If you think FTTN is a good viable cheap quicker option then you are a fool too. With the state of the copper network FTTN is simply not viable! Telstra will need remediation to be taken on most of the ESAs which will be sponsored by ACMA and the government as it currently and always has been - Government gives Telstra a certain amount of money to keep their cables in top shape and if they dont do something in time they get fined./.. But of course if you can explain why no fines.... So Telstra just looking for another scheme where they own and operate the infrastructure then take take take instead of giving back!

            Hmmm, either way, fibre is on the way to my place, expected around November. My area was somehow one of the ones left in when the government changed. About 25% of the area is connected so far.

              My whole ESA is under HFC but for some reason they started the fibre rollout there a few years back... Some areas are live already and ive just seen more fibre in an adjacent street again a couple of weeks back. Green fibre already running down my street just gotta find out when its going live

          they probably just removed the fibre to sell it back for crack money :P

    If this isn't a wake up call to our government that even watching video content is a hassle with our current internet infrastructure then I don't know what is, however I would be interested to know which locations they tested each ISP at as my ADSL2+ connection is able to stream 1080p video with no interruptions from the buffer animation along with 1440p.

    Actually this data is based on the end to end connection, i.e. including wifi. Because Wifi is likely to be the weakest point in most connections, this makes it a measure of wifi connections to Youtube, hardly an "Australian" measure.

    Worse, if you think that most youtube downloads are onto tablets or smartphones, wifi is likely to be the majority of downloads

      This. 100 thousand times this.

      At home on my PC connected via ethernet I can stream 1080p easily. On my laptop I might get 720p if I'm near the router and 480 if at the other side of the house.

      You can't fairly judge an ISP based on wifi connection speed.

        you can because ISPs should (are saposse to) be able to deal with packets being dropped the whole way through from A to Z, its the name of the game. Sure we could probably all agree the most packets are dropped from the WiFi end but the speed from an ISP should be able to pick up the slack.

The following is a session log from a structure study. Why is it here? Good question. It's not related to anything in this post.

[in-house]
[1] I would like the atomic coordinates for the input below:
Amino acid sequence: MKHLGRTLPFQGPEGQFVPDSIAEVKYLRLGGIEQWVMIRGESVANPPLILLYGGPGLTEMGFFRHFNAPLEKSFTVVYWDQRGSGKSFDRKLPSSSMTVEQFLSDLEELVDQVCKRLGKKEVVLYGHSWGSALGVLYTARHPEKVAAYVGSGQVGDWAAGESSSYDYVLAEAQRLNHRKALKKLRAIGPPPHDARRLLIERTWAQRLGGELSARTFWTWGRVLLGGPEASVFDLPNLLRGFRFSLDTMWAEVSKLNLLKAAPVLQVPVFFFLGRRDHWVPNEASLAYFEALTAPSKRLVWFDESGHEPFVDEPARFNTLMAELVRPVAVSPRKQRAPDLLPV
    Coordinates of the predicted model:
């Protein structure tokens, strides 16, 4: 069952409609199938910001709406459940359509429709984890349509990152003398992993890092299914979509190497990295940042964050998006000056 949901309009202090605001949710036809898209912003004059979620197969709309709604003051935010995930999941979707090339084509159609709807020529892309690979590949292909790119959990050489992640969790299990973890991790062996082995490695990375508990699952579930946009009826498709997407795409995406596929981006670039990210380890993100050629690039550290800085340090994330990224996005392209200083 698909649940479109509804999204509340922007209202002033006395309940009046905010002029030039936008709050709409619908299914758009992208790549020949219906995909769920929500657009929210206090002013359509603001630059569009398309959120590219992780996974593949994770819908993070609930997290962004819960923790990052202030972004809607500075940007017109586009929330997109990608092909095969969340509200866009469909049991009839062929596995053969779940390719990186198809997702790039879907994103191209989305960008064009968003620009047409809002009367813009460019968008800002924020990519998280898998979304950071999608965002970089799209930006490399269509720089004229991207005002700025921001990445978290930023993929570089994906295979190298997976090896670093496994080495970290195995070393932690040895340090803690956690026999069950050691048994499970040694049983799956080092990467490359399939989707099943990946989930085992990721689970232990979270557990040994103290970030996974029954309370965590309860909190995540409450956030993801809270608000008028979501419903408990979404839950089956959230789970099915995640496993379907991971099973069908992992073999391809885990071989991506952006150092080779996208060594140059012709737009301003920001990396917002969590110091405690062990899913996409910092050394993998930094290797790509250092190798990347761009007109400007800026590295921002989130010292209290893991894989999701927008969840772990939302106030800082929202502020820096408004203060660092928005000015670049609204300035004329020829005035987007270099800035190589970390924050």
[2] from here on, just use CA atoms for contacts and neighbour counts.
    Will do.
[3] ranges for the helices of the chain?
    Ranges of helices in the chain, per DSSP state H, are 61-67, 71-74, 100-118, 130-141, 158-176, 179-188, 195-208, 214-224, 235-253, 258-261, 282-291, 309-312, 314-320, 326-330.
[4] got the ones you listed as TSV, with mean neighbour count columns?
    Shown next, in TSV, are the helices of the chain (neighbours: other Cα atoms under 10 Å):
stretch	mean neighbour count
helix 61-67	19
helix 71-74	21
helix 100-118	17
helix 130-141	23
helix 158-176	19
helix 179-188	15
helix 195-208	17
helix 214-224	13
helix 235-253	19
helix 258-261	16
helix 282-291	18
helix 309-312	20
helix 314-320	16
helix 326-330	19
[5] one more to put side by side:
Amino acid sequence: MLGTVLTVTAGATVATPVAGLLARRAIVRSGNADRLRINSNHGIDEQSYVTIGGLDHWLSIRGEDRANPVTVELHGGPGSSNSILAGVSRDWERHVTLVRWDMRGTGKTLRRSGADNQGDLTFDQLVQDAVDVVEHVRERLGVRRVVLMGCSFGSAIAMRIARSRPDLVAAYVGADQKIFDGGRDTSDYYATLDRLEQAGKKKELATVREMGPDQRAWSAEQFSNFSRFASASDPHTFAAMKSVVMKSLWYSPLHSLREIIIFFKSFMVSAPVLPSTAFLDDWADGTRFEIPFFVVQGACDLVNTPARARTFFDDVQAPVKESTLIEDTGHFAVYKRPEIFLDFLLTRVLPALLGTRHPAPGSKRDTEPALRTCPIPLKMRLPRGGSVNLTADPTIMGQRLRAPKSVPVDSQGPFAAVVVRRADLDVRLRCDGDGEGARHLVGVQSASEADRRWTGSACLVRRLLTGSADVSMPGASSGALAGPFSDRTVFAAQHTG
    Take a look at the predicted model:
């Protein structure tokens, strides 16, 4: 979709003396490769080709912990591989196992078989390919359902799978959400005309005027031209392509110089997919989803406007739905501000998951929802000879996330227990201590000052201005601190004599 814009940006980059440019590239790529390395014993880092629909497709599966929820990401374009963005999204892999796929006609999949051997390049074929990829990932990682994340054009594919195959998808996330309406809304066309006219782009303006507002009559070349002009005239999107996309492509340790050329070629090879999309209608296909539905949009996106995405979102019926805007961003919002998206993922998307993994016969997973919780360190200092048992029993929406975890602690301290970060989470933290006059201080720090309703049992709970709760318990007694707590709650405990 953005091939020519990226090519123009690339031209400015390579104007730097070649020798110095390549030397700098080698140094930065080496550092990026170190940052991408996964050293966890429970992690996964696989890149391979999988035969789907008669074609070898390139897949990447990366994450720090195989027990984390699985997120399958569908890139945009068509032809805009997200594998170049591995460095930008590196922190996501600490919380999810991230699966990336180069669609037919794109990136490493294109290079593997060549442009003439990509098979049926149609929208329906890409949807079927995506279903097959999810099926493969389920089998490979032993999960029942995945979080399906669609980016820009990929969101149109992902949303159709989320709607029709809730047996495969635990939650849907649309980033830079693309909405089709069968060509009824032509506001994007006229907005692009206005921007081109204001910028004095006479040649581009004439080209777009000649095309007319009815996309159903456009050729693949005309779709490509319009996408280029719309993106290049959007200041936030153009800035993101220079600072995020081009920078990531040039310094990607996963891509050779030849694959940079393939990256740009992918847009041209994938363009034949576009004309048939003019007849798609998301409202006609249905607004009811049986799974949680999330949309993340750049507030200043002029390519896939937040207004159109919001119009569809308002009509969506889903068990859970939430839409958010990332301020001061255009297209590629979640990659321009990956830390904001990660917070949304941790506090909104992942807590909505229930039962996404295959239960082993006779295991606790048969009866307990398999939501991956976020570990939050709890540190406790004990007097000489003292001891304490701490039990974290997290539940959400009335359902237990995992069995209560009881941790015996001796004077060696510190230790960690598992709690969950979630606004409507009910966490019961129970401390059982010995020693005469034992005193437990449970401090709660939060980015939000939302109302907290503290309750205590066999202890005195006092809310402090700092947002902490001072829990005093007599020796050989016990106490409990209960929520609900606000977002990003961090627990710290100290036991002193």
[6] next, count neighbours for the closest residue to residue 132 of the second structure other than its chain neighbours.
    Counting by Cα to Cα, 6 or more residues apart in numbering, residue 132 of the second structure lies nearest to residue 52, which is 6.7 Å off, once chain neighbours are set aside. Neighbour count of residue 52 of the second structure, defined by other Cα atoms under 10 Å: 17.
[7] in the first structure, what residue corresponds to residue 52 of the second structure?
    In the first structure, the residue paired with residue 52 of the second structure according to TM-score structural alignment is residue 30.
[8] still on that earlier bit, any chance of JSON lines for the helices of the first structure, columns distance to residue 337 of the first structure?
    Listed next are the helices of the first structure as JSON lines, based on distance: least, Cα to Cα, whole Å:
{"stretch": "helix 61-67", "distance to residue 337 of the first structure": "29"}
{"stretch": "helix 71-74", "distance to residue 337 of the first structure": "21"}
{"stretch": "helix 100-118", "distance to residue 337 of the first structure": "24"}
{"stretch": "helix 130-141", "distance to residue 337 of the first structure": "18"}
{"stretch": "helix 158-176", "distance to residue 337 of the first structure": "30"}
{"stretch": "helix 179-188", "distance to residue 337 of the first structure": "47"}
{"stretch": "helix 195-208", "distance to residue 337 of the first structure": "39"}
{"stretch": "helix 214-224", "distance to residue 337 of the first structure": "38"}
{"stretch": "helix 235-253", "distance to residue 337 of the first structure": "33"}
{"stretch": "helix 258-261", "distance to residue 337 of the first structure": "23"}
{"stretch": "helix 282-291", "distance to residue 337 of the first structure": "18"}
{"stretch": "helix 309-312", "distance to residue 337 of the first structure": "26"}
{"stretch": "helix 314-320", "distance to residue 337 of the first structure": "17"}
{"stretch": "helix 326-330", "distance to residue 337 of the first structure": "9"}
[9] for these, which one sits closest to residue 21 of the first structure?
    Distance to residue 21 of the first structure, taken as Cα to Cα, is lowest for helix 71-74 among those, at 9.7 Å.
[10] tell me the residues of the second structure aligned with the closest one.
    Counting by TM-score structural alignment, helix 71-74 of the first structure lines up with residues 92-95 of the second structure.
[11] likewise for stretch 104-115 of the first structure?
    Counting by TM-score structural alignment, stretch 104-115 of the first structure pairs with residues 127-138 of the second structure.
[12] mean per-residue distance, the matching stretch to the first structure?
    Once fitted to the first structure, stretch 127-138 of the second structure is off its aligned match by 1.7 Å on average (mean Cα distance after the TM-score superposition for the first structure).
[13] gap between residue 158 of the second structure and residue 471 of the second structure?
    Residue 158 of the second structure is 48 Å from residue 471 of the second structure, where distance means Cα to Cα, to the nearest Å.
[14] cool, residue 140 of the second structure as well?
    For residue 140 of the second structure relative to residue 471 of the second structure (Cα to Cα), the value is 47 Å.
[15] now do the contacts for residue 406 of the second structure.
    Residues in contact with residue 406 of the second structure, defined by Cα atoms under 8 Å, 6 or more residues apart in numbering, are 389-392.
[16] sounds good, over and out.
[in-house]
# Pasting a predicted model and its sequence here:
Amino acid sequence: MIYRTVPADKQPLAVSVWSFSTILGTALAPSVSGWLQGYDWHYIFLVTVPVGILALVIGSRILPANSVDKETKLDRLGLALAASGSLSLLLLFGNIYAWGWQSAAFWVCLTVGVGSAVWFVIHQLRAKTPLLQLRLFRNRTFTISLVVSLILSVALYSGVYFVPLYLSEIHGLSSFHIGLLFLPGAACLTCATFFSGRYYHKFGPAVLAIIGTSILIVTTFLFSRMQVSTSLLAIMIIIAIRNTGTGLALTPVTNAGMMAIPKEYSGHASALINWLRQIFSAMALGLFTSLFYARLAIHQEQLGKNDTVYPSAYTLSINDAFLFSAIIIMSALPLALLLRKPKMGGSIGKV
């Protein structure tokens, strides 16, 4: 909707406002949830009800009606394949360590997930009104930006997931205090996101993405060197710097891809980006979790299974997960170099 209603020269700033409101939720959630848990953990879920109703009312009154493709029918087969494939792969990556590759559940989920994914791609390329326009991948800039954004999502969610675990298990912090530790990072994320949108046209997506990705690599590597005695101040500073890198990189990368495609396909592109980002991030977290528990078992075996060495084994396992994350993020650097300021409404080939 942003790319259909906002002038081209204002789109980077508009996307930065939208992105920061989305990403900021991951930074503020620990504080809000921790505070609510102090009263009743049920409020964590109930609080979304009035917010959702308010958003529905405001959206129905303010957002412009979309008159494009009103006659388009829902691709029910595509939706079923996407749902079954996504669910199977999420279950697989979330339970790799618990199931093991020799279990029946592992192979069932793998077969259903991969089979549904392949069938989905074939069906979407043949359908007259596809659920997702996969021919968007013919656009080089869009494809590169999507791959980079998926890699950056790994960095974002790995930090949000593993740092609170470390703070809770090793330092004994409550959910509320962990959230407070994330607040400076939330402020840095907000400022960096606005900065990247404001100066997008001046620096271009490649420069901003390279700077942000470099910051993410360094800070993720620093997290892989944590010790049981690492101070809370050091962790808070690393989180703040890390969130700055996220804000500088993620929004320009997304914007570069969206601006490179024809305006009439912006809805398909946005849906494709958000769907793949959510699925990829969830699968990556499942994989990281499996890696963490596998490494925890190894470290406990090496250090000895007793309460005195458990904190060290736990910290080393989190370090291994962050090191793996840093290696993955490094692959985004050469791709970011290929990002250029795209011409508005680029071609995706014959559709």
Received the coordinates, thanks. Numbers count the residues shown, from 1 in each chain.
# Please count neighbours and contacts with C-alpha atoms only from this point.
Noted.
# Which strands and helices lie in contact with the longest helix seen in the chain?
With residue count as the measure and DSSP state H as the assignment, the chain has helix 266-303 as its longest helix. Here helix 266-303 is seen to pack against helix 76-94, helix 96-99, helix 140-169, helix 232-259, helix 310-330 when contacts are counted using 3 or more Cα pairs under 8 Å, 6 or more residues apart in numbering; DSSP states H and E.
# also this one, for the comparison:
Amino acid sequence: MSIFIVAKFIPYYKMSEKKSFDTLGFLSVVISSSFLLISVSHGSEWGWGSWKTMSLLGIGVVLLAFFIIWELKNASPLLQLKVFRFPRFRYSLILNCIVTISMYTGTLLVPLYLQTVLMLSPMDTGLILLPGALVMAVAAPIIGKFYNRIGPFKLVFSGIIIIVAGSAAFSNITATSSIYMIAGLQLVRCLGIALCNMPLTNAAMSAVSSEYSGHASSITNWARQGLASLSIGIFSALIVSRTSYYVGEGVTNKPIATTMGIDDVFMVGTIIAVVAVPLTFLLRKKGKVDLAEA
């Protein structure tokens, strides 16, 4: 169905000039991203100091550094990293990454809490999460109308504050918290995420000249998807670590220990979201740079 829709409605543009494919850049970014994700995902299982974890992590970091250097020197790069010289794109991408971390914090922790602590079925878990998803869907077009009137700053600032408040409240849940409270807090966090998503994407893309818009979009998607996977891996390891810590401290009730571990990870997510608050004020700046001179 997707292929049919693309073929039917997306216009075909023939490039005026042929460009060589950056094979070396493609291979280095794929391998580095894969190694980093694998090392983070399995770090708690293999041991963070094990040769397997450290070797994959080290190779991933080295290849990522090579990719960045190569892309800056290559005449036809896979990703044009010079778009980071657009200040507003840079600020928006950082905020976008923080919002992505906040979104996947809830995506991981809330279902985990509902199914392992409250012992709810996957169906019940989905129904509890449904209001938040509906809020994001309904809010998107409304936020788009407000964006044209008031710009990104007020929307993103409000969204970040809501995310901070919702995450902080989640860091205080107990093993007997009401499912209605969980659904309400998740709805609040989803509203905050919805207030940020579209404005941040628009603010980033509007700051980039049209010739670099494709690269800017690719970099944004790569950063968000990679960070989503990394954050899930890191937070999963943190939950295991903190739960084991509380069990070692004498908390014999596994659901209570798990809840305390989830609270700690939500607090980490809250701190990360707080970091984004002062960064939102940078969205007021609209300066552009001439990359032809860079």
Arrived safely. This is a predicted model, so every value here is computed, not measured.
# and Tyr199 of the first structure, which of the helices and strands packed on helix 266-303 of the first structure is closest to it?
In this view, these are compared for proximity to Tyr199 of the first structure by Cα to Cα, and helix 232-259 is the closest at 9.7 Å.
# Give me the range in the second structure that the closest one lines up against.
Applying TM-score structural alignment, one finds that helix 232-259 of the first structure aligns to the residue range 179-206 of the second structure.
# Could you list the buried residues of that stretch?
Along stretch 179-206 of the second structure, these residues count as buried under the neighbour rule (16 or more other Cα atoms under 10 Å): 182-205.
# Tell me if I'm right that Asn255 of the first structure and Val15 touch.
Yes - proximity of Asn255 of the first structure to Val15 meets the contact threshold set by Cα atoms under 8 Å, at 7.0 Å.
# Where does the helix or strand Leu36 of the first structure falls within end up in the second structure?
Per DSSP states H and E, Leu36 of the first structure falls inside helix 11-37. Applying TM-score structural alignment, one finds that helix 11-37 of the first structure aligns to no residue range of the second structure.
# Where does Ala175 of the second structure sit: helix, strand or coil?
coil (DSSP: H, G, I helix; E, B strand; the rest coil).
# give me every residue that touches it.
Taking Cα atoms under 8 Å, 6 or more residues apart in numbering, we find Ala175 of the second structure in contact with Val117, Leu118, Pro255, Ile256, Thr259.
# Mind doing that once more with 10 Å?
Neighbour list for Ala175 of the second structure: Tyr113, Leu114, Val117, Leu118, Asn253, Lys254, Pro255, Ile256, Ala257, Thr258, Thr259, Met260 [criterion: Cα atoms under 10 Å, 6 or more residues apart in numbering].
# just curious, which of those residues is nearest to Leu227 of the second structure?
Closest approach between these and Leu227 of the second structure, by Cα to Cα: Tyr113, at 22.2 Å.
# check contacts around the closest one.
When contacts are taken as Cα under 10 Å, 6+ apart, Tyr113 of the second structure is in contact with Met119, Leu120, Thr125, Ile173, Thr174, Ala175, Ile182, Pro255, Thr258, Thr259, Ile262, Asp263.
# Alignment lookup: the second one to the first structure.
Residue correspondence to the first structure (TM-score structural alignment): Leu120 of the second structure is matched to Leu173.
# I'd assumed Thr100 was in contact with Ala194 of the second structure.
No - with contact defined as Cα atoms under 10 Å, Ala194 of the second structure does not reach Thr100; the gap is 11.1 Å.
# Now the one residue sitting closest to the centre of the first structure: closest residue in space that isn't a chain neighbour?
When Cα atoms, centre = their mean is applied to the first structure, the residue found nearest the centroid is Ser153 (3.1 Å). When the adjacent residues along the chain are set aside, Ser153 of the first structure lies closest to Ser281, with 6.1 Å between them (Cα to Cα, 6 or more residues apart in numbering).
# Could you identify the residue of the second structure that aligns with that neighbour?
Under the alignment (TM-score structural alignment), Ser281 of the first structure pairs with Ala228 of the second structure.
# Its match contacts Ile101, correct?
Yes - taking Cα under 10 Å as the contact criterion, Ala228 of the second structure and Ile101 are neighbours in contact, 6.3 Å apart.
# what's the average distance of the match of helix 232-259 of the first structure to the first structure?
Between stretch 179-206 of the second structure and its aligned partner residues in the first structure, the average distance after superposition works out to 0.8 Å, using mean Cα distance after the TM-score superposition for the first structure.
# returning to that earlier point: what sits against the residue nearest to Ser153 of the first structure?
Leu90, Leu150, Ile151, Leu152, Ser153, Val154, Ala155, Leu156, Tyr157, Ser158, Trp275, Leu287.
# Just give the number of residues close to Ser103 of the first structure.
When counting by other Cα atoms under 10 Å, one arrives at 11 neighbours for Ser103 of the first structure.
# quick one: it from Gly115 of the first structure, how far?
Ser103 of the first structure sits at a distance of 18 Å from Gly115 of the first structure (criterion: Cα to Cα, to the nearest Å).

So to your comment and the one above, yes they can be judged by this.

        Last edited 07/07/14 7:31 pm

          Your ISP is NOT responsible for the client end communication, from your device to your router is your issue, not theirs.

            I don't think you understood with redex said.

              Oh I understood, WiFi is still irrelevant in the scheme of the article, it's still not an ISP issue. It's a physical network provider issue.

            no router under $1000 can give you lossless communication so when the isp is not keeping up with current trends but router manufactures are, the isp is to blame,

              Show me a router, any router, that can provide no packet loss over wifi

                yeah i know, was only trying to make a point that it is hard, as the process of packet dropping is built right into Layer 2 and 3. So no I cannot show you one, but im sure the juniper and cisco high end core routers get pretty close

          You lost me at "saposse"

            oh wow so because i used a word that isnt a word but everyone knows what it means then everything i said is invalid. good life you must lead there, im sure its full of lots of friends and happiness. get real dude!

              Hey be nice, i am or have all those things plus a NZ education and it still lost me.... ;)

                k i edited it to make it more standard english

            Hell I even googled it thinking I was missing something...!

          No, you can't. If your ISP is delivering 20mbps to you but you're losing 75% of that to packet loss between your router and device, there is nothing the ISP can do to improve your experience and it is in no way their responsibility to do so. The fault lies in your environment (interference, distance) or your equipment, not in the ISP's delivery speed.